In writing this 12 Strong review, it is hard to imagine that it has been nearly 17 years since the events of 9/11. As 12 Strong began playing, I found myself realizing that the first group of children born post 9/11 are now starting drive and have no memory of that day.
I feel old.
Needless to say, 9/11 and the war and politics which proceeded it have had a major impact on film. From Oliver Stone’s W. and Christopher Nolan’s The Dark Knight to Kathryn Bigelow’s double whammy of Hurt Locker and Zero Dark Thirty, the events of that day have deeply impacted the narratives we tell. For a generation of filmmakers, it will continue to impact their work—until the next war comes along.
If nothing, due to the size and nature of the events there are still plenty of stories to tell. 12 Strong is an example of that breadth of subject matter. In it, we learn about Task Force Dagger. The Task Force is made up of CIA paramilitary and military special forces. Task Force Dagger, lead by Captain Mitch Nelson (Chris Hemsworth), are part of the first military operation in Afghanistan following 9/11. Their goal, escort General Abdul Rashid Dostum (Navid Negahban) to try and gain back control of Mazar-i-Shariff from the Taliban. Each of the men on the Task Force, at least the ones played by top-billed actors, leaves behind a family—something to go home to. Over the course of 21 days, Mitch must earn Dostum’s trust. In doing so, he’ll assist him in taking back political strong holds, thus hindering the Taliban. Raids and explosions ensue.
12 Strong Review
In all honesty, I appreciate these stories and what are military has done. However, I feel like this was made in an effort to tell a story that wasn’t necessarily full of the drama required to drive this sort of narrative.
12 Strong does many little things right. The battles sequences are constructed in a very coherent matter. The performances are top notch. In fact, we have a great ensemble on display—Hemsworth, Michael Shannon, Michael Peña, Rob Riggle and more turn in fun performances. The cinematography is great. Yet, the parts don’t add up to be greater than the whole.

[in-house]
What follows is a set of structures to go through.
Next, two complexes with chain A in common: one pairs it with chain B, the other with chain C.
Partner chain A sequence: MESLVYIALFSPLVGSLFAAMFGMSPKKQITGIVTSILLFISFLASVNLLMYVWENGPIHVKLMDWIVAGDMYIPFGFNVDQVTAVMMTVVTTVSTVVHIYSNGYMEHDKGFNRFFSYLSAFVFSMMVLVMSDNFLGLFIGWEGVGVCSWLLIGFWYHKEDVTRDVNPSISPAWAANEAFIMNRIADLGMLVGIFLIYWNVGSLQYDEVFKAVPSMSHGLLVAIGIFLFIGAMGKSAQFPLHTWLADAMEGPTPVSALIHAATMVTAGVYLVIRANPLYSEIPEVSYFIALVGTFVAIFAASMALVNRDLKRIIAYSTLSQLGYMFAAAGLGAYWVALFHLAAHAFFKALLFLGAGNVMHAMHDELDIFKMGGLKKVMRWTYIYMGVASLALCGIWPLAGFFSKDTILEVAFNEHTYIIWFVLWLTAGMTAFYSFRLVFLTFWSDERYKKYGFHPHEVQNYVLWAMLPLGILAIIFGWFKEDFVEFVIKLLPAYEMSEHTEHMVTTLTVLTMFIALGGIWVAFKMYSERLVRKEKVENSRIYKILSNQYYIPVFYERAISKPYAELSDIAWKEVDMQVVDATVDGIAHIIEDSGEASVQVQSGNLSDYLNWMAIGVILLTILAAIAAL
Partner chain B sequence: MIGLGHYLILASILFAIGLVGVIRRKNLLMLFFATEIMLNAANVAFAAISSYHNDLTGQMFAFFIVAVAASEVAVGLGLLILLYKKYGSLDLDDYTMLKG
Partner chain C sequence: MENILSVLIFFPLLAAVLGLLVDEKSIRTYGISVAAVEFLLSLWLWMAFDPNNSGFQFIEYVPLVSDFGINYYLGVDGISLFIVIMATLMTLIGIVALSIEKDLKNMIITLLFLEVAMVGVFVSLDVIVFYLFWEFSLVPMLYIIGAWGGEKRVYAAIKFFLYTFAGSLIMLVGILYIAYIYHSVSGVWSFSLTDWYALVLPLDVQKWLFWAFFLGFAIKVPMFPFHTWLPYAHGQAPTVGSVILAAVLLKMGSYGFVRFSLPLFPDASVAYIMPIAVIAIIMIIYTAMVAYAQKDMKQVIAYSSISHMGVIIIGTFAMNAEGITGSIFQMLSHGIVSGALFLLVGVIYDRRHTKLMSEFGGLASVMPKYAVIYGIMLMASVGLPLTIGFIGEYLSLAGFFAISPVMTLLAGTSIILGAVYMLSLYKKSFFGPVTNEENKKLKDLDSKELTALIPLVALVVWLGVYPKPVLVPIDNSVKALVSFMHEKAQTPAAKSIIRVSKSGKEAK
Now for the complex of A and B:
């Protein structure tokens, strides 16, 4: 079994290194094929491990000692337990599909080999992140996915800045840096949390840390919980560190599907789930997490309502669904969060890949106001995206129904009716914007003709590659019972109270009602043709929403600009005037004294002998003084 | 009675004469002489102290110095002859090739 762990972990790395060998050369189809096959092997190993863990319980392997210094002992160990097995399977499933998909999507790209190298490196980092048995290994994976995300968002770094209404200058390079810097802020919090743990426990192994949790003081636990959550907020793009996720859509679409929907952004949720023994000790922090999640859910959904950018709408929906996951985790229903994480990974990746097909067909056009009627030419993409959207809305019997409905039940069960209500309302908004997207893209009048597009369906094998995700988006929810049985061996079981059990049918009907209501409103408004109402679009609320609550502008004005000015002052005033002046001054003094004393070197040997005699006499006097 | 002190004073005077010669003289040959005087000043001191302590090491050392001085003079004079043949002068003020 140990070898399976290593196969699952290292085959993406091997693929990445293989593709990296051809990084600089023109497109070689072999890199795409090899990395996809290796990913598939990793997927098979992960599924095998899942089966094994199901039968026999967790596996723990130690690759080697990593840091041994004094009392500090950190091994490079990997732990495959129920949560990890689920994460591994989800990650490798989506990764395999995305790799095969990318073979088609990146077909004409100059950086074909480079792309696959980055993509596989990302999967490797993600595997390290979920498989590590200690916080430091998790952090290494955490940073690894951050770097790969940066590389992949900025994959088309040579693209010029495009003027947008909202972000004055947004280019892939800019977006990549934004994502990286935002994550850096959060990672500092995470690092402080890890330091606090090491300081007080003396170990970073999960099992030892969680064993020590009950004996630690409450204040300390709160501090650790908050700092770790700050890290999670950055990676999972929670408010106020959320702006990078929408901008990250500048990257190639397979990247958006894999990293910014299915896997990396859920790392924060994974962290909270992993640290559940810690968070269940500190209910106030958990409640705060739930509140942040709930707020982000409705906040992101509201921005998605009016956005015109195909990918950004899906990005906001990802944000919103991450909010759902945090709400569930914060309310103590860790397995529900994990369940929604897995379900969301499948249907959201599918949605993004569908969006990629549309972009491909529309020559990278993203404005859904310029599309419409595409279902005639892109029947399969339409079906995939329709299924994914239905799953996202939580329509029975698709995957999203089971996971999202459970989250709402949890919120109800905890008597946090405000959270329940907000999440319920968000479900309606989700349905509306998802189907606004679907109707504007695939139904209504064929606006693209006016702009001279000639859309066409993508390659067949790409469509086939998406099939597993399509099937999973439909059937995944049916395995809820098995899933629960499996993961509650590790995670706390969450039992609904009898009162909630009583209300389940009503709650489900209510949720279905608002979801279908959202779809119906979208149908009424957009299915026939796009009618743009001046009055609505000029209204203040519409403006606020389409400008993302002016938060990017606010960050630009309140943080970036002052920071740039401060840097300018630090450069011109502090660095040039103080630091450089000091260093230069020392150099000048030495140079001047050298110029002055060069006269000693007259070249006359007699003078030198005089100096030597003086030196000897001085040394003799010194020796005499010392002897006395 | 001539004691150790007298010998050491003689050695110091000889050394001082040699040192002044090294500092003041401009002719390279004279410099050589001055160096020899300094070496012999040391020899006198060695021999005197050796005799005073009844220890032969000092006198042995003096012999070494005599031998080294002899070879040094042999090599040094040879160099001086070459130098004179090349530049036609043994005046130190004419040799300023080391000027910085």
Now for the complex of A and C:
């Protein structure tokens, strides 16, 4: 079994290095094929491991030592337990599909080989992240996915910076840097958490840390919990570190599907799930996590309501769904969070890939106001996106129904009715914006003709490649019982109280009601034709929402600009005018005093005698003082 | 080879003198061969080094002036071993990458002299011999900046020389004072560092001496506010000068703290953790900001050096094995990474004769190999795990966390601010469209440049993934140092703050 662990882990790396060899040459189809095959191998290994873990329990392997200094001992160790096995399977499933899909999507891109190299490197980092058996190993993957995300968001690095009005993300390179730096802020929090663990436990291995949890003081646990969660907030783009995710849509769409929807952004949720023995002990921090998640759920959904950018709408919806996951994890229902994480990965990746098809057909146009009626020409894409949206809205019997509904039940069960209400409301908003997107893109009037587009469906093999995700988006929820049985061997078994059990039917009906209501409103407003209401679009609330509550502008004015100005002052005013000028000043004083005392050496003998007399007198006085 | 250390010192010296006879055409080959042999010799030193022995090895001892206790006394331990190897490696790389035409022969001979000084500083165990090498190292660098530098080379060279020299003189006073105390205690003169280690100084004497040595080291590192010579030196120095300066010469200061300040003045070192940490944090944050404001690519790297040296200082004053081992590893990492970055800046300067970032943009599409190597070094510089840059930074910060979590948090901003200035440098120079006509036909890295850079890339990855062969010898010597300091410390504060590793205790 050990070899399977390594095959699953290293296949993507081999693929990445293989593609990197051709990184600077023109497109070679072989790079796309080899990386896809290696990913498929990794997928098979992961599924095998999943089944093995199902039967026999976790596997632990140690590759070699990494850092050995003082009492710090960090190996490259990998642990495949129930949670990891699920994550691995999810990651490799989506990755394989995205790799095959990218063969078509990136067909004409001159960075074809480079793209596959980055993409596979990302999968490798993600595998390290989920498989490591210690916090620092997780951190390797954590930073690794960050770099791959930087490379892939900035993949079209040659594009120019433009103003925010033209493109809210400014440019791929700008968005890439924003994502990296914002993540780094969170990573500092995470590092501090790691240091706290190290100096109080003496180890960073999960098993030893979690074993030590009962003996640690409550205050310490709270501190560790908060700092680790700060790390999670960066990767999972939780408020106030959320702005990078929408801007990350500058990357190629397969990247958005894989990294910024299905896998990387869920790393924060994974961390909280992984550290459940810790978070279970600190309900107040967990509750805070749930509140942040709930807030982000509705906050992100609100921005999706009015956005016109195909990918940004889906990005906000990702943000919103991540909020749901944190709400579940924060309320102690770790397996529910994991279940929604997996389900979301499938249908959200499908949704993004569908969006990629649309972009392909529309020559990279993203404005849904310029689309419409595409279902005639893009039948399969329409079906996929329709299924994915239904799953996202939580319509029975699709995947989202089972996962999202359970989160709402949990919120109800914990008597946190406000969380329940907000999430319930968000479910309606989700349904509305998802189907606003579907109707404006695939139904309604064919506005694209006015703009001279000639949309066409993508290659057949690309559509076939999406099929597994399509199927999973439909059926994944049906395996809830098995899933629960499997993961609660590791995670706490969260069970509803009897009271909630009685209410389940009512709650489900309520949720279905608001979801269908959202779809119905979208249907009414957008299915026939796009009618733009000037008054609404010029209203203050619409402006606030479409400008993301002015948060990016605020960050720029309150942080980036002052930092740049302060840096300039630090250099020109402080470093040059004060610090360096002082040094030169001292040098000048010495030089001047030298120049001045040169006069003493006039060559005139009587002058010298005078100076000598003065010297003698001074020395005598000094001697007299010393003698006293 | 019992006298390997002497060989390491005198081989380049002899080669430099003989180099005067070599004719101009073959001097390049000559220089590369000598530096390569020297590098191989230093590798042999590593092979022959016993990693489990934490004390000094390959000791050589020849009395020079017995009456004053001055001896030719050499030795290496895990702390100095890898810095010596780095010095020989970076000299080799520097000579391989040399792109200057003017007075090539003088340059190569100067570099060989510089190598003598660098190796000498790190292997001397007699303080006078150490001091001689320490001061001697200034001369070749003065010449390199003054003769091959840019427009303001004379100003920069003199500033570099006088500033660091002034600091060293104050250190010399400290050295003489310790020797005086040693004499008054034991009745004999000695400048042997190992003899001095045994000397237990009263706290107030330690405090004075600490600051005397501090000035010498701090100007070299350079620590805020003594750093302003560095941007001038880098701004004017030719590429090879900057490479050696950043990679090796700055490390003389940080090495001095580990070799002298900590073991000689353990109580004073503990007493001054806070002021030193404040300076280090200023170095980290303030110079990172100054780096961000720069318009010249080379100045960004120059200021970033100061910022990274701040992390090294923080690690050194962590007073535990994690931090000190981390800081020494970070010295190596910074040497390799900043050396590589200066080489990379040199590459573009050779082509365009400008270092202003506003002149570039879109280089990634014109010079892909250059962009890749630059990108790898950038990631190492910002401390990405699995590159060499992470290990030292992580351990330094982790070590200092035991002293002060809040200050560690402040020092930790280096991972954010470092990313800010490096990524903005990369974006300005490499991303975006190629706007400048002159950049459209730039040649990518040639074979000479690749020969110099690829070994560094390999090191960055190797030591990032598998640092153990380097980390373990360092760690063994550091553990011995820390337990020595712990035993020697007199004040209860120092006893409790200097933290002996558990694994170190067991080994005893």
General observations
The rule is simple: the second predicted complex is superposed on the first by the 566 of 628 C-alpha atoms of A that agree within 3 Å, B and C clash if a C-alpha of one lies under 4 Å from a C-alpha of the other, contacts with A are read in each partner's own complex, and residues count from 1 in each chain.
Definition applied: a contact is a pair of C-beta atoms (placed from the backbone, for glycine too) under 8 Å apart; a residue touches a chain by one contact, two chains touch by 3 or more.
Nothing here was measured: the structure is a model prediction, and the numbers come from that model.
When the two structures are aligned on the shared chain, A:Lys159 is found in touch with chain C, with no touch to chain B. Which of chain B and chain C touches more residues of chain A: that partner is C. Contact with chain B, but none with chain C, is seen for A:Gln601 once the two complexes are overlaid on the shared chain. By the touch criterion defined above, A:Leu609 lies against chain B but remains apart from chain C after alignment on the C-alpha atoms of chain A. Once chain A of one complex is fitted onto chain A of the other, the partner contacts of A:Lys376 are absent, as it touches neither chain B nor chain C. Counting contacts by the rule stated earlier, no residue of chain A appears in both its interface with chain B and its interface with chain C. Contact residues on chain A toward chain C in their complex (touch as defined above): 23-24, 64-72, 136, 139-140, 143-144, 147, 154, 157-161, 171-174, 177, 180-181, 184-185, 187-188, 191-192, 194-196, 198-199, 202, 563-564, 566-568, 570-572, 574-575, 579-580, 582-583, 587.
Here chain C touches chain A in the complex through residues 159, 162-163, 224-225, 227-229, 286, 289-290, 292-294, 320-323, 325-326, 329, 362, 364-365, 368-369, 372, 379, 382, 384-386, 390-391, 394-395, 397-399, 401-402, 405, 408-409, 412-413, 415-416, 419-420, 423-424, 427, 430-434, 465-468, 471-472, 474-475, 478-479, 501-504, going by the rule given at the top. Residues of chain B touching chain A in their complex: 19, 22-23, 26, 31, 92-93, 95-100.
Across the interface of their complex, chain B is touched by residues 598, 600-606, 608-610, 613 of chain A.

The script, from Ted Tally (Silence of the Lambs) and Peter Craig (The Town, Mockingjay) is very shallow. All 12 of the men in this squad are interchangeable and disposable. They all have the same slightly arrogant, somewhat funny schtick. Michael Shannon’s Cal Spencer is the standout only because he’s older, which leads to some humorous exchanges—which leads me to my next point of contention. The film is very lighthearted at times.
Considering its subject matter, it never handles the events with any sort of brevity. The weight of the tragedy never lays bare on any of the players—at least the American soldiers. The events weigh much heavily on the Afghan militia that Task Force Dagger rides with. We see the tragedy in the child soldiers, threatened with their life if the Americans should come to harm. We see it, albeit very heavy-handed, in the Taliban’s grasp of Afghanistan.
The script is also very intent on feeding us too much information. There are several cutaways to commanders keeping track of the task force, but the sole purpose of these scenes is exposition. Yet, only moments earlier did we see or hear the exact same thing. For example:
MITCH: “Let’s do X, Y and Z.”
INT. COMMAND CENTRAL
COMMANDER: “They’re going to do X, Y and Z.”
This sort of repetitive explanation adds unnecessary fat to an incredibly lean story. Its as though the writers knew they didn’t have enough interesting material, so they added repetitive fluff to buy time. This movie runs a loose 2 hours, and it could easily be done in 90 min–100 min. The whole structure of the film feels this repetitive. We get a few scenes of talking and debate between Mitch and Dostum, then a raid, followed by some bonding time. This cycle repeats at least three times. That being said, the final battle sequence is pretty good, but there’s no drama.
There is no reason to care about any of the American characters in this film.
In the film, there is a sequence where Dostum discusses “killer eyes”. He immediately disregards Hemsworth’s Mitch, an untested-in-battle captain, because he doesn’t have “killer eyes”. In a room full of soldiers, Dostum is easily able to spot the man who has never killed a person. And, before I wrap up, it’s important to note that once Mitch does finally kill an enemy, it doesn’t phase him. It’s as if taking a man’s life has no impact on him whatsoever. I find this hard to believe, in the moment? Maybe. However, in the moments afterwards, once the adrenaline is gone, there has to be some emotion.
I digress. 12 Strong, like it’s protagonist, lacks “killer eyes”. 12 Strong has nothing of note to say. It refuses to grapple with any of the issues inherent to any war—ideological, emotional, political or other. And, it seems intent to just skate by, presenting a couple of cool battle sequences.
Is it a bad movie? Not necessarily. Is it a good movie? Not necessarily. It’s a movie. By the most basic definition, it is image and audio captured on film and displayed to an audience. But, in my mind, that is the worst kind of movie.
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